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Our future, our universe, and other weighty topics


Monday, February 15, 2016

The Gigantic Missing Link of Biological Life

The discovery of DNA was one of the great triumphs of science. But ever since this discovery there has been a strange trend which we may call “DNA inflation,” “DNA exaggeration,” or even “DNA apotheosis.” The trend has been to carelessly describe DNA in ever more grandiose terms, regardless of the actual facts. A particularly absurd and careless example of such talk is found on page 31 of the book “Super Genes” by Deepak Chopra and Rudolph E. Tanzi. The authors write the following:

DNA, as the “brain” of the cell, is ultimately in charge of every process...The DNA that's neatly tucked inside each cell is something magnificent, a complex combination of chemicals and proteins that holds the entire past, present, and future of all life on our planet.

This is almost completely inaccurate. DNA is nothing like a brain, and is not even like a computer. DNA is not a “combination of chemicals and proteins,” because it does not contain a single protein. Instead DNA contains chemical information used by the body when it makes proteins. And DNA does not contain “the entire past, present, and future of all life on our planet.”

A statement this outrageous is not very common, but it is very common for writers to inaccurately describe DNA. One very common claim is that DNA is a blueprint that lays out the complete specification of the human body. Another common claim is that DNA is a recipe (or a library of recipes) for making an organism. It is also sometimes claimed that DNA is like a computer program for generating our bodies.

But such statements are not warranted by the facts. Judging from the facts, we must conclude that while DNA uses a code of symbolic representations (the genetic code), DNA is not a blueprint for making a human, is not a recipe for making a human, and is not a program or algorithm for making a human. The facts indicate the DNA is not anything close to a complete specification of an organism, but that DNA is instead something much simpler, mainly just a kind of database used in making particular parts of an organism.

Below are 6 reasons for thinking that DNA is neither a blueprint nor a recipe nor a program for making human beings.

Reason #1: The “language” used by DNA is a minimal feature-poor language lacking any grammar or capability for expressing anything like a blueprint, a recipe, a program or an algorithm for making a human being.

First, let's look at the different ways of specifying a three-dimensional object, and then look at whether any such way could be used by using DNA.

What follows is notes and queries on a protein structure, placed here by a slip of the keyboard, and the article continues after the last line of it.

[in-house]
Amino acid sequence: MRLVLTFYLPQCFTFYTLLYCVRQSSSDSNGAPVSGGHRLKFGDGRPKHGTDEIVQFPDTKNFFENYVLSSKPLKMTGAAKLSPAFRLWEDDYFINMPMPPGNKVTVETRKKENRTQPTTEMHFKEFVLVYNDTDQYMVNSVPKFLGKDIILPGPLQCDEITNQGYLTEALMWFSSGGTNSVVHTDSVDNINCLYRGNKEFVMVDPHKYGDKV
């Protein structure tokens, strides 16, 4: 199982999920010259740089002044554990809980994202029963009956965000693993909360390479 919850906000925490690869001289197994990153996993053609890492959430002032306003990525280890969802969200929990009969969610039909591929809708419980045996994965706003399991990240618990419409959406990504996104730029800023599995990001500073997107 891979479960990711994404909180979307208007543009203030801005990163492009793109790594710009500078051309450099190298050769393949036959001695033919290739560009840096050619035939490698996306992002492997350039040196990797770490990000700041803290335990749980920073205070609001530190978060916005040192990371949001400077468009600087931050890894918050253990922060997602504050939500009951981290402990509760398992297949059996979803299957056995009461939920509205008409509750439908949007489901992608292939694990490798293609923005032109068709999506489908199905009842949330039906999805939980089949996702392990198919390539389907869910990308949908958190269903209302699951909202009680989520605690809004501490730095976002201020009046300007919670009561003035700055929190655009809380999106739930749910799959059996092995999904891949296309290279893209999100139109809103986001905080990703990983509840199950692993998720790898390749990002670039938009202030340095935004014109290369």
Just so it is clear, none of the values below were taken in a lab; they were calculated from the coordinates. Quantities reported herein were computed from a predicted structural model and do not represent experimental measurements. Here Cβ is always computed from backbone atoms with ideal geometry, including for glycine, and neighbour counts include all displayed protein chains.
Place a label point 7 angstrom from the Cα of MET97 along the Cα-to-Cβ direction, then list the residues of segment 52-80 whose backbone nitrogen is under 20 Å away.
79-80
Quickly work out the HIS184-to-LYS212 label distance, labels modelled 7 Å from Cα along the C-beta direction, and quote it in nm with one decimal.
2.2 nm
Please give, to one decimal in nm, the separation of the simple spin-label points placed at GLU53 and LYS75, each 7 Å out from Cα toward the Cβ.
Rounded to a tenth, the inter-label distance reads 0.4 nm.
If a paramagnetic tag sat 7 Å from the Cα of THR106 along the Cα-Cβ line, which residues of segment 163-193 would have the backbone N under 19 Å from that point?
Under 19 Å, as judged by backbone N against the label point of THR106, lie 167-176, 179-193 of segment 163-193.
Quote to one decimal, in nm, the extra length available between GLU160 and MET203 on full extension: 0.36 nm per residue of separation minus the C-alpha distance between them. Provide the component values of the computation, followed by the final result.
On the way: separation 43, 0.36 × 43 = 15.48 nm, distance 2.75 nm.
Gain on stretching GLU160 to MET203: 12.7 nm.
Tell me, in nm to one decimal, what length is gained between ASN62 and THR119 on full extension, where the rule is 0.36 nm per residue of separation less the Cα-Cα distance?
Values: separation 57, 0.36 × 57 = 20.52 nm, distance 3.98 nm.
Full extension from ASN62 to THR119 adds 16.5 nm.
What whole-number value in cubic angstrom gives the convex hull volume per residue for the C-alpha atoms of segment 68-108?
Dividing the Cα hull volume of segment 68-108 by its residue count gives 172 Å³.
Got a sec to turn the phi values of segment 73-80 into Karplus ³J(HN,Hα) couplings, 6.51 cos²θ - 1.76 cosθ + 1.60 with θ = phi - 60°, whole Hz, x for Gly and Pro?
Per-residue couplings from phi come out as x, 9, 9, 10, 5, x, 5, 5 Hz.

There are two ways in which you can create a specification for building something that will exist as a three-dimensional object. The first way is the blueprint approach, in which you don't specify the steps that must be taken to create the object, but merely specify how the object will look once it is constructed. You can create a kind of blueprint by creating a drawing or image that will specify how the completed object should look. Alternately, you can specify three-dimensional coordinates for each of the parts that will make up the final object. The latter approach is used by video games and in the fancy special effects used in movies. A video game may store a 3D object as a series of 3D coordinates, and then use such coordinates to construct the object virtually.

A different approach for telling how to make a three-dimensional object is what we may call the recipe approach or the algorithm approach. When this approach is used, you merely specify a list of ingredients or parts and a list of steps or operations that will be taken using such ingredients or parts. For example, you might specify steps for making a house without using any blueprint for the house. You could specify a list of building materials and a list of exact operations to be performed on those building materials – a set of instructions. If the set of instructions was sufficiently detailed, they might be sufficient to produce some exact type of house.

But the “language” used by DNA is a minimal type of language that lacks any capability for using either of these approaches. Instead of being a rich language capable of great expression, the language used by DNA is pretty much the poorest, most “bare bones” type of language you can imagine. It's a language unsuitable for purposes other than stating lists of chemicals.

Let's look at exactly how the “language” of DNA works (and I used the word “language” in quotation marks because the expression capability is so limited that it may be an exaggeration to even say that it uses a language). DNA is a molecule containing many nucleotide base pairs, as shown in the diagram below. The base pairs can be either adenine, guanine, cytosine, thymine, or uracil

Combination of these “letters” of the DNA alphabet are used to represent particular amino acids, which are the building blocks of proteins. You have to look at a diagram of the genetic code to understand how particular combinations of these base pairs stand for particular amino acids.

Now this “language” is incredibly constrained. Basically the only thing that you can specify with it are lists of amino acids. To get an idea of how limited this is, imagine if you never learned more than 20 words from your parents or teachers, each the name of some food. Your powers of expression would then be incredibly limited. You might be able to describe some kind of sandwich you wanted by saying something like this:

bread
tomato
lettuce
hamburger
bread

But you absolutely could not specify something like a plan for making a building, a complex machine, or a complex 3D object consisting of many parts existing in different coordinates in three dimensional space.

And so it is for DNA. The “language” used by DNA is effectively 24 words or fewer. Twenty of those words are nouns, each an amino acid. The only verbs are something like the words “start” and “stop,” and possibly also “use” and “ignore.” I include those two words because scientists say that particular genes can be turned on or off.